Tobacco use: policy context
The UK Government and Scottish Government are committed to reducing tobacco smoking and the associated burden of death and disease. This is demonstrated by the publication of various policy documents over recent years, including:
This strategy sets out a 5 year plan for action across the key themes of health inequalities, prevention, protection and cessation. Key actions include: setting 2034 as a target date for reducing smoking prevalence to 5%; a pilot of the schools-based ASSIST programme; a requirement for smoke-free hospital grounds by March 2015; and a national marketing campaign on the dangers of second-hand smoke in cars and other enclosed spaces. In addition, it will provide the government’s view on standardised packaging of tobacco products.
This plan was the main reference point and policy context for all tobacco-related work in Scotland before the tobacco control strategy was launched in 2013. The document offers a programme of action covering prevention and education, protection and controls and the expansion of high quality cessation services. It also addresses the issue of second hand smoking.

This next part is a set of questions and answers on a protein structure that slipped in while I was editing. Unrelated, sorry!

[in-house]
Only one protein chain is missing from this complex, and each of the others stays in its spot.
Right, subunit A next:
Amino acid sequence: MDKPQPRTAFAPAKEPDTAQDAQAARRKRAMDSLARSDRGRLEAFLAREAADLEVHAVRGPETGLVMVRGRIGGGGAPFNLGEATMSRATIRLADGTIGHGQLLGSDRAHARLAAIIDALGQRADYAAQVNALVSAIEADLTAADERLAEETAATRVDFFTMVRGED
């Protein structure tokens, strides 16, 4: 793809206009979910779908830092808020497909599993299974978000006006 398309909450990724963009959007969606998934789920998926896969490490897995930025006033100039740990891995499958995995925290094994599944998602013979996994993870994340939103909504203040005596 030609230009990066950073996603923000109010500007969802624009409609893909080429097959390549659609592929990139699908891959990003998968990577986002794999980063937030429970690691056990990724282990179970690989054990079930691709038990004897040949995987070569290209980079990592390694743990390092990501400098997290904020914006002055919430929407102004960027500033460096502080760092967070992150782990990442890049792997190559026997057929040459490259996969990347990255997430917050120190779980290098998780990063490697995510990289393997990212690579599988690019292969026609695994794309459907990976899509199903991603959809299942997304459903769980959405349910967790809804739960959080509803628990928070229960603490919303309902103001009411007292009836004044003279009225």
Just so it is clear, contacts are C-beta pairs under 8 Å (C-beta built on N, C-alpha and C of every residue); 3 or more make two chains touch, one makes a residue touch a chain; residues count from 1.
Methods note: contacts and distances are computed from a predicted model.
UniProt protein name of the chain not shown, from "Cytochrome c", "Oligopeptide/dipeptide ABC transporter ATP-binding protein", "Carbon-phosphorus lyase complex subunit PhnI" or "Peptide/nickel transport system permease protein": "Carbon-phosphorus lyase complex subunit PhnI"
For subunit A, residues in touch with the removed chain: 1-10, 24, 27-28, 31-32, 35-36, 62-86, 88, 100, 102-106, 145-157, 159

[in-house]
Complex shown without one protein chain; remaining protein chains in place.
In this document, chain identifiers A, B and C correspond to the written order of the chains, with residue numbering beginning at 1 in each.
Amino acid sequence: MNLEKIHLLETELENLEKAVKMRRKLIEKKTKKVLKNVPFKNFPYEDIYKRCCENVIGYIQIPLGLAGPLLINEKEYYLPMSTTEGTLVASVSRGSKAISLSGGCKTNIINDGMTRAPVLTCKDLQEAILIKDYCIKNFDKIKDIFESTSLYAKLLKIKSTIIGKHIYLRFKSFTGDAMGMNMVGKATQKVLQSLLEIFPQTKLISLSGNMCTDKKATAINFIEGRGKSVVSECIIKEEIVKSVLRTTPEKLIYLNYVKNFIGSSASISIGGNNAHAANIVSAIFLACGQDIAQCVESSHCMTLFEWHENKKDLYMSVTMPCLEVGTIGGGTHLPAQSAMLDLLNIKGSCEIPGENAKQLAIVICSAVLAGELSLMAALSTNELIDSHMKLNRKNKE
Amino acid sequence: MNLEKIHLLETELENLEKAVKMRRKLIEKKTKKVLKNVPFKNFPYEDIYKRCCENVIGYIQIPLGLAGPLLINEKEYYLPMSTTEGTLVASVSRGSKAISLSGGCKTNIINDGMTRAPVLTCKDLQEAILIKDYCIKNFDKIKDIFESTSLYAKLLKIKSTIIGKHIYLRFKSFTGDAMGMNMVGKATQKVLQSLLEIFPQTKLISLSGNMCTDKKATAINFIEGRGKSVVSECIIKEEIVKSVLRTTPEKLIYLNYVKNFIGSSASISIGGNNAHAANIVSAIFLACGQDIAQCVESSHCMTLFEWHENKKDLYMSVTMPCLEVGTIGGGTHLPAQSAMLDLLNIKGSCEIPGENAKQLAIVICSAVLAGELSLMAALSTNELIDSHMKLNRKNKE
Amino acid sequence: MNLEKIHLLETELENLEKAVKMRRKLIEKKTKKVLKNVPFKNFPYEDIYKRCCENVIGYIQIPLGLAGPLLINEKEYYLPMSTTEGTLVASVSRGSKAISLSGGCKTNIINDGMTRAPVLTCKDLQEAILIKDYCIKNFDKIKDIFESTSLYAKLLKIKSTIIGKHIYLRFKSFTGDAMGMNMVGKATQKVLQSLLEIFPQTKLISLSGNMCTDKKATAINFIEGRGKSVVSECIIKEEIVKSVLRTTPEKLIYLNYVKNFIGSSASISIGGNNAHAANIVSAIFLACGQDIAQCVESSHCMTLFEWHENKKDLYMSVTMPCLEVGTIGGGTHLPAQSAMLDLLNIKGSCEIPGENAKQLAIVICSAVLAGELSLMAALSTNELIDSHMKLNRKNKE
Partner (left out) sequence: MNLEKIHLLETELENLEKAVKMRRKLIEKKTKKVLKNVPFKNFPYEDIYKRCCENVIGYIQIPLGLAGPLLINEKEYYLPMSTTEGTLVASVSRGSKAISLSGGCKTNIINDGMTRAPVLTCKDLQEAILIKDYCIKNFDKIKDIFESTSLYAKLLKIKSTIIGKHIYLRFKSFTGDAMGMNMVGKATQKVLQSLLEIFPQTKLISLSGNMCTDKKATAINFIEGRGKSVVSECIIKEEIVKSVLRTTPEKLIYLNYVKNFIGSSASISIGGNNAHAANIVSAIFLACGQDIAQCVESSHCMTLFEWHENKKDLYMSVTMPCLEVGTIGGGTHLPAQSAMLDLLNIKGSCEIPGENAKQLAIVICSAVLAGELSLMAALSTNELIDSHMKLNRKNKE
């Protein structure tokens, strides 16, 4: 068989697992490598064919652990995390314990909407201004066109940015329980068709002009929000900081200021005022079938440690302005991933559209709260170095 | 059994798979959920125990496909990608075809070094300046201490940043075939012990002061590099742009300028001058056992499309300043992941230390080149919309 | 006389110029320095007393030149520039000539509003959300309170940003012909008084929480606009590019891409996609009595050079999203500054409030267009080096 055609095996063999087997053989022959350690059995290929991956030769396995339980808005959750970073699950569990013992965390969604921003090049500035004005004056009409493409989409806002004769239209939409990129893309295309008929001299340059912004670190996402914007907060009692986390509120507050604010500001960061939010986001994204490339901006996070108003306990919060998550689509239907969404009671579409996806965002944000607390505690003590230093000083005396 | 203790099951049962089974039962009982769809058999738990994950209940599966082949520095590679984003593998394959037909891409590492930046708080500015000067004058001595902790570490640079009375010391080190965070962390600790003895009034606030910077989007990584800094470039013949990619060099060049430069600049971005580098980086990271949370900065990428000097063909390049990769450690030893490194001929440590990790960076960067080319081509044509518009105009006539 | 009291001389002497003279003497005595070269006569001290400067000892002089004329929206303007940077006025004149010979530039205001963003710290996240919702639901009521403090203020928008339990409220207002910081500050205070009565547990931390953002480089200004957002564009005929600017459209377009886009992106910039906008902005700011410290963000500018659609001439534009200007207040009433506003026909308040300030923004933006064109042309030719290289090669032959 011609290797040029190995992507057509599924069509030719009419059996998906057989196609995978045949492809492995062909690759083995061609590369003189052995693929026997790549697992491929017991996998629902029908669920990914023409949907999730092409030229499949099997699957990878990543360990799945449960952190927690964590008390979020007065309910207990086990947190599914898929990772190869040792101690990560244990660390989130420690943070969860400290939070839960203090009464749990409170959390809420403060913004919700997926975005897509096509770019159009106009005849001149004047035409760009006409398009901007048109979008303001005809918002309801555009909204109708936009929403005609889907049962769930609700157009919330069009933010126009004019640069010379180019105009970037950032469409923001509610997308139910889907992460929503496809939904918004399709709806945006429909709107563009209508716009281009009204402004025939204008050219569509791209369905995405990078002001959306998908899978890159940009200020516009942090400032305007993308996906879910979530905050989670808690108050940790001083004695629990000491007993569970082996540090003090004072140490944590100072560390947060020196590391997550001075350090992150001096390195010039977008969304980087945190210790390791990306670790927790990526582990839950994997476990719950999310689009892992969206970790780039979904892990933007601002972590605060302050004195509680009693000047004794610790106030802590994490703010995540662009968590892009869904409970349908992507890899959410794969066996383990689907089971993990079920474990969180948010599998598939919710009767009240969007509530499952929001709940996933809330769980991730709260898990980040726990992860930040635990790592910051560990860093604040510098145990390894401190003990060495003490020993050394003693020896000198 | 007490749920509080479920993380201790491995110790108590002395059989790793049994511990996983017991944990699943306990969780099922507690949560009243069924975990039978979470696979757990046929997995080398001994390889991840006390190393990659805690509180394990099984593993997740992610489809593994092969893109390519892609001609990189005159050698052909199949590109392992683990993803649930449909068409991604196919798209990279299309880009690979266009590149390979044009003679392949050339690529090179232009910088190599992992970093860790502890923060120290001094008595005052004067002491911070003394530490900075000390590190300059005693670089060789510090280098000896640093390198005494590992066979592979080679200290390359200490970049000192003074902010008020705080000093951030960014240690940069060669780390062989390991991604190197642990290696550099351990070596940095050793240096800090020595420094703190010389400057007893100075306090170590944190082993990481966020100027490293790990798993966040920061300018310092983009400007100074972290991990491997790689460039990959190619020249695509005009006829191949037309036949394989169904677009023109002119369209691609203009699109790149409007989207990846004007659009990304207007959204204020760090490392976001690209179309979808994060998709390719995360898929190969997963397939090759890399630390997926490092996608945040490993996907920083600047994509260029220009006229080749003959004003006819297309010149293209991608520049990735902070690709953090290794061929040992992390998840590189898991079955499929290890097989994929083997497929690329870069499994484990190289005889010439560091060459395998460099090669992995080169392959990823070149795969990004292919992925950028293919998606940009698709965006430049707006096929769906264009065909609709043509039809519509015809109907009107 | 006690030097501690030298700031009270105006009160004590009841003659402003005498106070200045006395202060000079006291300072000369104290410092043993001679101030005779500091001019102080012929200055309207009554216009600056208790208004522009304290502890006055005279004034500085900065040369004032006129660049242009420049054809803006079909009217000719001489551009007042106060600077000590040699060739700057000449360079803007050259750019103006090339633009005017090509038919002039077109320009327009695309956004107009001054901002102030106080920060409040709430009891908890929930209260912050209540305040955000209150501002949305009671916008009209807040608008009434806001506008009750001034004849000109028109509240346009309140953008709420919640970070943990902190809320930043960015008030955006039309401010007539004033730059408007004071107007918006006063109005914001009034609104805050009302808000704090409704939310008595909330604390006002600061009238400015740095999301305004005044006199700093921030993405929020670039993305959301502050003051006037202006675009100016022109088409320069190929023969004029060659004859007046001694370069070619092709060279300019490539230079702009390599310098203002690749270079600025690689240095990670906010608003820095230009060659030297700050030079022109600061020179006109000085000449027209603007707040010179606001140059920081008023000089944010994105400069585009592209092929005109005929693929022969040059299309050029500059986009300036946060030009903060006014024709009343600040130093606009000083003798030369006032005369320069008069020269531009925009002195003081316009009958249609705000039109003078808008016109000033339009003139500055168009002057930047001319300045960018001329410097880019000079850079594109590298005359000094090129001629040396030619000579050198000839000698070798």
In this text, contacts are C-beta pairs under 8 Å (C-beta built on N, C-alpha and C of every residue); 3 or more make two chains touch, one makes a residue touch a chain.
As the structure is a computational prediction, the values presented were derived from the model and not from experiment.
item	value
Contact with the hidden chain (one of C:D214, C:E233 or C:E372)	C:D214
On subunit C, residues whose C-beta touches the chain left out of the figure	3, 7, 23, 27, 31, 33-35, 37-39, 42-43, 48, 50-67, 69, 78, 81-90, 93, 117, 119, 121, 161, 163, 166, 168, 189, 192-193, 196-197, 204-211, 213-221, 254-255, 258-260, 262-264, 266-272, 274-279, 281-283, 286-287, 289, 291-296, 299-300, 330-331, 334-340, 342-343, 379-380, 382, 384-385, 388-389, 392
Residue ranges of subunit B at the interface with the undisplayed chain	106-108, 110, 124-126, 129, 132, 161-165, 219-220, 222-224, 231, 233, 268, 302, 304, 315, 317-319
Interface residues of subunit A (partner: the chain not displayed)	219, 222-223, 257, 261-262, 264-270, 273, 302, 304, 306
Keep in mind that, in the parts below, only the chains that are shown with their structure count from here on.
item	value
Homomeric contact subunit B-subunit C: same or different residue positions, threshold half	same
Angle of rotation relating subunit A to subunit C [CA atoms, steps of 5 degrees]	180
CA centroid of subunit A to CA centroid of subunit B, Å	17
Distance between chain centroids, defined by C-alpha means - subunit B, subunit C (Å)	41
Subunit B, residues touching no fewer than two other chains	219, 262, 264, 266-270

This action plan sets out a programme of measures designed specifically to dissuade children and young people from smoking.
This report produced by NHS Health Scotland and ASH Scotland led to the publication of the tobacco control action plan, a breath of fresh air. The report examined the current smoking trends in Scotland, summarised the evidence on smoking and tobacco related harm (including the dangers of second-hand smoke), considered various policies, and recommended future action that should be taken in Scotland.
This report led to the publication of ´Scotland´s future is smoke-free: A smoking prevention action plan. This report makes a comprehensive series of recommendations intended to protect and dissuade young people in Scotland from starting to smoke.
In January 2015, the UK Government announced its intention to introduce regulations for standardised packaging of cigarettes and hand-rolling tobacco and in March 2015 MPs voted in favour of of its introduction. The proposed regulations would standardise the packaging of all cigarettes and hand rolling tobacco for retail sale by:
- specifying mandatory colours for retail packaging (dull brown for the outside and white for the inside;
- permitting only specified text (such as the brand and variant name) and making sure any permitted text conforms to particular requirements;
- allowing required markings such as health warnings and fiscal marks (including covert markings and any future requirements that may be introduced to tackle illicit trade) to remain in place.
Ministers in Scotland will need to confirm whether they consent to the regulations applying to those parts of the UK.